RED ROCK CROSSING
Red Rock Crossing
Red Rock Crossing State Park is iconic Sedona. Flat stretches of inviting red rock, grasses, and shade trees line idyllic sections of the creek. Ancient trees offer abundant shade for picnics and a string of inviting swimming holes offer relief from the hot summer sun. Striking views of nearby Cathedral Rock are a photographer’s dream, especially in late afternoon when the sunset lights up the rock. The park is crowded in the summer. Come early or near sunset to enjoy a quiet walk or a meditative sojourn in a little piece of heaven.
After you park, you have a few options. You can wander across from the first parking area, where you’ll see several sidewalks leading across a grassy lawn and down to the creek. Here you’ll find huge wide open flat red rock areas where you can swim, sunbathe, or just relax.
After you cross the creek, you can make your way upstream on a red rock trail that is fairly flat, meanders in and out of the forest, andwithin fifteen minutes, takes you to some of the best swimming holes in Sedona.
Your second option is to park in the last parking area. Take a rest stop, spend some time under the massive tree, then walk along the sidewalk that leads you to the lovely, tree-lined trail bordering the creek. The clover in the grassy area feels wonderful on bare feet but watch out for gopher holes!
The trail meanders in and out of the the forest bordering the creek, offering both shade and sun, as well as several red-rock lined pools. Stop for a picnic, explore the diversity of plant life along the creek, or continue onward for a beautiful emerald pool just past trail’s end. There are a myriad of incredible photo spots along this path, especially at sunset.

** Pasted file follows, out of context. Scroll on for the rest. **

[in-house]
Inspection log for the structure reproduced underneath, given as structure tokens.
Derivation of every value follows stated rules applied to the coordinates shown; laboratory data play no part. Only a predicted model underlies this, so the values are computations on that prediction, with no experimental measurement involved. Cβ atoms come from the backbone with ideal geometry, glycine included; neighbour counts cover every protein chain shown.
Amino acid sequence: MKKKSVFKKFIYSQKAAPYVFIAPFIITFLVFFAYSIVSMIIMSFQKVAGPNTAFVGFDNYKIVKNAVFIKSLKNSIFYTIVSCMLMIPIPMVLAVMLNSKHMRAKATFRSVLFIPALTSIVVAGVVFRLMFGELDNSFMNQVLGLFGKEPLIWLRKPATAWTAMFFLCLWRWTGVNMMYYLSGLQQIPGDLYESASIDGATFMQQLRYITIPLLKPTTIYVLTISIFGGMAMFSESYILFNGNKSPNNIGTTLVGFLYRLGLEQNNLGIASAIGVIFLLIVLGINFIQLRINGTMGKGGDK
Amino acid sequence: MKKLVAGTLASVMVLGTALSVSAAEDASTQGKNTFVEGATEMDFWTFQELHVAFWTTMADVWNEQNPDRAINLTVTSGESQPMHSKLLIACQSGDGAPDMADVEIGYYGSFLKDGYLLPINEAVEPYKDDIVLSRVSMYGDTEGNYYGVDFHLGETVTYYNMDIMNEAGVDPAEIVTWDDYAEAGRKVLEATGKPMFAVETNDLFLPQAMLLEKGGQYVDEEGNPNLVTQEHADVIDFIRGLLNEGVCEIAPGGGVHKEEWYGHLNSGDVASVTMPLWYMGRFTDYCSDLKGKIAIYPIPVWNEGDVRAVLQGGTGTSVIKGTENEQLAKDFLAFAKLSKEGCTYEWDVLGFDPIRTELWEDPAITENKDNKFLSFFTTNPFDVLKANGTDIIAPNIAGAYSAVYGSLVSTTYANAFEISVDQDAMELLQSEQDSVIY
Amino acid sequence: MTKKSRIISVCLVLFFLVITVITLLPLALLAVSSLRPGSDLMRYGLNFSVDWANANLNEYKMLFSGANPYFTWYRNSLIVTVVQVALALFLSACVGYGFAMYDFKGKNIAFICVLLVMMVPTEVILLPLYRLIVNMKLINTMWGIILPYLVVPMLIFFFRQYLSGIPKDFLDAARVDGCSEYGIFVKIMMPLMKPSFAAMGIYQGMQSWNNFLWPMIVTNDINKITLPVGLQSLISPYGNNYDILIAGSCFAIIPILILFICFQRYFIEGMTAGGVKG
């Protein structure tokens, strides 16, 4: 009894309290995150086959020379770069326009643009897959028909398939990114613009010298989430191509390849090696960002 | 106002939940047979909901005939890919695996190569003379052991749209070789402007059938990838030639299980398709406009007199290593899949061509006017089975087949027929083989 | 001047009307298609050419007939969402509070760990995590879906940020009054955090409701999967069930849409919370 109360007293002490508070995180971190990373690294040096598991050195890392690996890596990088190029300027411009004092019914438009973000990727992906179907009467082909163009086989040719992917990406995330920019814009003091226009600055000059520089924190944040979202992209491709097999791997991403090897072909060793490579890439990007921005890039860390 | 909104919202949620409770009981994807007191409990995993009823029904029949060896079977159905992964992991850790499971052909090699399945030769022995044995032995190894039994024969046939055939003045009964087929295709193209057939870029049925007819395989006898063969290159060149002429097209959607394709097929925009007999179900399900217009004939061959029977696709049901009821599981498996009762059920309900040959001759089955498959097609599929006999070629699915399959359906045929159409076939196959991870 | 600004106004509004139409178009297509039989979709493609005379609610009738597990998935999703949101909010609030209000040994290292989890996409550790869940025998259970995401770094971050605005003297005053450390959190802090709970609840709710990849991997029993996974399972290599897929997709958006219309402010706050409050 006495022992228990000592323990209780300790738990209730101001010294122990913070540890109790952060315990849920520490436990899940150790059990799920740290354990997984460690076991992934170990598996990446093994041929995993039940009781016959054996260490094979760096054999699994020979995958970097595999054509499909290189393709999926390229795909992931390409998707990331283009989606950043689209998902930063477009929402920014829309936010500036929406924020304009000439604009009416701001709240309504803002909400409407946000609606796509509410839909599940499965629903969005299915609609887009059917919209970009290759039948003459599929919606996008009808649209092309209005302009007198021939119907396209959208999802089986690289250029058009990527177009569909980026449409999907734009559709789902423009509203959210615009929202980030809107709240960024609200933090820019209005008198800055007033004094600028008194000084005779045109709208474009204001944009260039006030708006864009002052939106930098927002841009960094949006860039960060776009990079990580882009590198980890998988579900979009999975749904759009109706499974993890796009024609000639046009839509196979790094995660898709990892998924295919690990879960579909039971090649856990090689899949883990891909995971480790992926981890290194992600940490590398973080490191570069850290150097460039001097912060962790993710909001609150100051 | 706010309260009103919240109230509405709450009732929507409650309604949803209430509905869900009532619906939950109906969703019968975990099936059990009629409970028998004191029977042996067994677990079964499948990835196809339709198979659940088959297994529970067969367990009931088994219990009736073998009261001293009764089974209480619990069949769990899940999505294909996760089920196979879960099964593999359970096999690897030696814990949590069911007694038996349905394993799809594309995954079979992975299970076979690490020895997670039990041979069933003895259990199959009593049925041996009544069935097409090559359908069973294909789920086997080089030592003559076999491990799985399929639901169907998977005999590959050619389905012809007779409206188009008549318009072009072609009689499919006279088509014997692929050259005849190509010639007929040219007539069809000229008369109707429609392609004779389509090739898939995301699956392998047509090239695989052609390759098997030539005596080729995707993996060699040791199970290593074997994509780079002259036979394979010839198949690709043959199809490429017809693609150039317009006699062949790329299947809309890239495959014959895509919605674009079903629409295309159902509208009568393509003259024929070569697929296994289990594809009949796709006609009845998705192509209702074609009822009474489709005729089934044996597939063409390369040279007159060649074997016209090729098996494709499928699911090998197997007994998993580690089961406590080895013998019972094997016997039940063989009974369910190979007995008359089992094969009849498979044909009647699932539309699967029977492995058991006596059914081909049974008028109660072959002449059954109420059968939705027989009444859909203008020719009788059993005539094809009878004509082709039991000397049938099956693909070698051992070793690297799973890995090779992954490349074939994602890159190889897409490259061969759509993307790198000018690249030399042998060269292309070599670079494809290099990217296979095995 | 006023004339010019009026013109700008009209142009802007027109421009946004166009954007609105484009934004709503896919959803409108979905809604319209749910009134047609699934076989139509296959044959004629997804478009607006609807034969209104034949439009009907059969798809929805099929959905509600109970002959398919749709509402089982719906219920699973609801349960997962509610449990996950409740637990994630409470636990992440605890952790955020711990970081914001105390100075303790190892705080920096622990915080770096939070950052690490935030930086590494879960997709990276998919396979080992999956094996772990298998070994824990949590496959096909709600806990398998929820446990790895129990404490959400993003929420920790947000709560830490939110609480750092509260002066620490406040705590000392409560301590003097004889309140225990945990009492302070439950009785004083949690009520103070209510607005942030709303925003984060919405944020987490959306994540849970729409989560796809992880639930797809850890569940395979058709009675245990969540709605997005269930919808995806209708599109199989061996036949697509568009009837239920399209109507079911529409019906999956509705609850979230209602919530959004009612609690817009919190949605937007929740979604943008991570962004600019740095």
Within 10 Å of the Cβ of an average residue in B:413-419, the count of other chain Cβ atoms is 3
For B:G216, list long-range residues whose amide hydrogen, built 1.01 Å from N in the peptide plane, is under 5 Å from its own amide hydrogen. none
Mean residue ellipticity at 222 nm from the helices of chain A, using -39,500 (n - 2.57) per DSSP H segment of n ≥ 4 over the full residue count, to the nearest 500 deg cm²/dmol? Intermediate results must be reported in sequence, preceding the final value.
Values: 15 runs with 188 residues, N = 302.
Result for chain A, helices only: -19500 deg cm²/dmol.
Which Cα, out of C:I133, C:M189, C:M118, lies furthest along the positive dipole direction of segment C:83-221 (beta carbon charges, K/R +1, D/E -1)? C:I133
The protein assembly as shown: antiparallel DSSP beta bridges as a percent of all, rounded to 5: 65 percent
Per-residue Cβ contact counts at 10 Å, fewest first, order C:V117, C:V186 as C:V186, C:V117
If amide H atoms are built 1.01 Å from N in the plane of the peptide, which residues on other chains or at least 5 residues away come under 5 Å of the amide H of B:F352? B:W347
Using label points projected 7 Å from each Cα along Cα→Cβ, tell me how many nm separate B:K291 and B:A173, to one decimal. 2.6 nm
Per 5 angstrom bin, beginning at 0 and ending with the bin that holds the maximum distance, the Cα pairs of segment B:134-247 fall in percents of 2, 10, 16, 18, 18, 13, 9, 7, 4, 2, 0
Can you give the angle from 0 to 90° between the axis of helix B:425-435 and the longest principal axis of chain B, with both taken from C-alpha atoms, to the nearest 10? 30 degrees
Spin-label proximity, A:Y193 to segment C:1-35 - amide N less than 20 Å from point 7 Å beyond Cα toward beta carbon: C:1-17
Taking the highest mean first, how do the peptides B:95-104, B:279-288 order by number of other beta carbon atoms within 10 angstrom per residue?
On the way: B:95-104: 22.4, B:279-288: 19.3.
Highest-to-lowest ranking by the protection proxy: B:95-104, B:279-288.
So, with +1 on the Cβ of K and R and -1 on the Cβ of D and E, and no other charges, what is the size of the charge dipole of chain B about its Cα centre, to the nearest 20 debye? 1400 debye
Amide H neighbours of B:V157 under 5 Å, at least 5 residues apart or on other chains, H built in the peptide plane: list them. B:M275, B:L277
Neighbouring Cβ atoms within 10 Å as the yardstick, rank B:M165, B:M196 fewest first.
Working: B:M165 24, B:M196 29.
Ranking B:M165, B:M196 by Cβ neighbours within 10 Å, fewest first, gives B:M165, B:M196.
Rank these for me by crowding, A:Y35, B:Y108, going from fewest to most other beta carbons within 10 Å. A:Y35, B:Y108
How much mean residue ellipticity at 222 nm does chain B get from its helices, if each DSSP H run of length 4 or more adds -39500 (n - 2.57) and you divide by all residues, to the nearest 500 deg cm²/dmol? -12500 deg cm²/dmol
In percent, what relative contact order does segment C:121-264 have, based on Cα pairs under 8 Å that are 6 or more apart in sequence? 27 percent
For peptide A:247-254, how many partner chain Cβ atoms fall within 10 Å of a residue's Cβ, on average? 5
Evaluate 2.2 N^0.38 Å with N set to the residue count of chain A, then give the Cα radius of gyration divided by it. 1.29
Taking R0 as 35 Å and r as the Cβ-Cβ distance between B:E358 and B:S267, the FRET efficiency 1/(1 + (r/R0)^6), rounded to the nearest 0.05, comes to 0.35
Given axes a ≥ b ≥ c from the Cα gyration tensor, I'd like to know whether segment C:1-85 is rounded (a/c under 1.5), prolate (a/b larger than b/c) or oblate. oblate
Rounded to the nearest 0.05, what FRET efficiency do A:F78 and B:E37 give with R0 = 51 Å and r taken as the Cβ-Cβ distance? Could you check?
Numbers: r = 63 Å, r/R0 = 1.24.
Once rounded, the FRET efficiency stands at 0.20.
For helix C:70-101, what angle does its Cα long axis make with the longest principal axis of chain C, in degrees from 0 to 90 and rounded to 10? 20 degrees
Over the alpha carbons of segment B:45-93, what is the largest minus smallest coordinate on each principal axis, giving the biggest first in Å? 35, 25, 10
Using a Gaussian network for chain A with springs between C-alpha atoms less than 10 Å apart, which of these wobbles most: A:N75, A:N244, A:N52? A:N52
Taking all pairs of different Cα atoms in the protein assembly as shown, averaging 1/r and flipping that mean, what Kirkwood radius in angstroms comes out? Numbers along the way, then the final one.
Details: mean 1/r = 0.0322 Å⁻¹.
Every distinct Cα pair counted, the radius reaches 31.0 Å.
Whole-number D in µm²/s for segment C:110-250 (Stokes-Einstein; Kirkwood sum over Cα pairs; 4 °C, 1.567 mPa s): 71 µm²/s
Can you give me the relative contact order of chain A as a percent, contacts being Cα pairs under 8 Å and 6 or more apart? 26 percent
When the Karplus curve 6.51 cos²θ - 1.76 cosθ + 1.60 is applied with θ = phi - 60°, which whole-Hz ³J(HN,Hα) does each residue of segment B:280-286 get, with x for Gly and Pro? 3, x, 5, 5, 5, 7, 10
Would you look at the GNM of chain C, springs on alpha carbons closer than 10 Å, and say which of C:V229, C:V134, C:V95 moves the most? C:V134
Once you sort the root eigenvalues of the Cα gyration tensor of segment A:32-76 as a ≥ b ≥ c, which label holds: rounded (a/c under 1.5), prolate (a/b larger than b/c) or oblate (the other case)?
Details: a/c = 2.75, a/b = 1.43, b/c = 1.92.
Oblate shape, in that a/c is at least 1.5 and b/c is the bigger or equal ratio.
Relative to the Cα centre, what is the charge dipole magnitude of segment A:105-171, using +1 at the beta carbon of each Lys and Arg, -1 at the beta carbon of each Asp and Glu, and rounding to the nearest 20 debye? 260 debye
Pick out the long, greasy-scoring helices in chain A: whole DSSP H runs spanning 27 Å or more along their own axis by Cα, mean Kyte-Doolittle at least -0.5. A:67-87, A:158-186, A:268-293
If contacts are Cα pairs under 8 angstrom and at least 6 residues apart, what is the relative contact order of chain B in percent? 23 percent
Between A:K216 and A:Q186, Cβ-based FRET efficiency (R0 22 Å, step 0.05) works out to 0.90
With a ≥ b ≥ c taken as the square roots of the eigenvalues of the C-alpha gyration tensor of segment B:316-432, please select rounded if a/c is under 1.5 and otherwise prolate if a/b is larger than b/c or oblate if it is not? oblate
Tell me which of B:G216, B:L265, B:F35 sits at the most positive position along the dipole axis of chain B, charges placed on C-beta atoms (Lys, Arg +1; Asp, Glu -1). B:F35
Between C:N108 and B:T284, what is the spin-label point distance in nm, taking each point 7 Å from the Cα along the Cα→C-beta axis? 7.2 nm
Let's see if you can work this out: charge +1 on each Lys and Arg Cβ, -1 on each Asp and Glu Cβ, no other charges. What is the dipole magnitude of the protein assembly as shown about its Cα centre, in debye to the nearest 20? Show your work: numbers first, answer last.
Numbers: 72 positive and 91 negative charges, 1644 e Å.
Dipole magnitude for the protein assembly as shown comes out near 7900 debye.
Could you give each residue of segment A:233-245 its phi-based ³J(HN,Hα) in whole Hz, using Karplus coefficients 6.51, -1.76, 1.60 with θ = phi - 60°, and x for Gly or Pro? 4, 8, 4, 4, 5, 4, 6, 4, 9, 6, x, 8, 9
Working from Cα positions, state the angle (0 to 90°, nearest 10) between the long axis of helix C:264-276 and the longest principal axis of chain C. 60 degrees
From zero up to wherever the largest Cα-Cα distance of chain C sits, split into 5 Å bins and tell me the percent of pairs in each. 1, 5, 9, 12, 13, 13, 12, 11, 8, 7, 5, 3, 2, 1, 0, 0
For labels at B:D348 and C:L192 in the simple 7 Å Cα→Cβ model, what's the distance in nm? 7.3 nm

You’ll stop at a spot that locals call “Buddha Beach.” Each year people pile rocks in delicately balanced sculptural towers. Late winter floods sometimes make the trail impassable and wash away all the towers. No matter… Someone always builds new ones. Buddha Beach is a brilliant reminder to experience life’s joy in the present. Maybe you’ll leave your mark here too.
One of the most popular (also busy) swimming holes is located at the end of the trail that originates at the last parking area. Deep, wide,and with plenty of areas to sun, you are not likely to find privacy here… but you can float, swim, or enjoy a good splash! The water is chilly unless it is over a hundred!
Sunset at Red Rock Crossing is peaceful. Birds twitter happily, the creek murmurs, and on most days a crowd of photographers set up their tripods getting ready for that perfect shot of Cathedral Rock glowing crimson and reflecting in a peaceful stream. Wander along any of the trails and you’ll see them.
From Phoenix, take I-17 north to Hwy 179 (exit 298). Turn left onto 179 and follow it past the Village of Oak Creek to the Sedona (Burger King) “Y”. Turn left at the “Y” onto West 89A. Take this past most of the town until you are heading towards Cottonwood. When you see Lower Red Rock Loop Road, turn left onto it and follow it for 8.5 miles until you see the entrance to Red Rock State Park. Pay the tolls, get a map, and enjoy!
Things to bring:
I usually wear hiking boots with my “creek shorts” with a swimsuit underneath. I bring my backpack loaded with a towel, sunscreen, water shoes, a picnic lunch, snacks, bottled water, a camera, books, etc. Bring anything you think you’ll need to enjoy a wonderful day by the creek.
Check with the US Forest Service for pass and fee information before your trip. A Red Rock Pass is required for parking in most locations.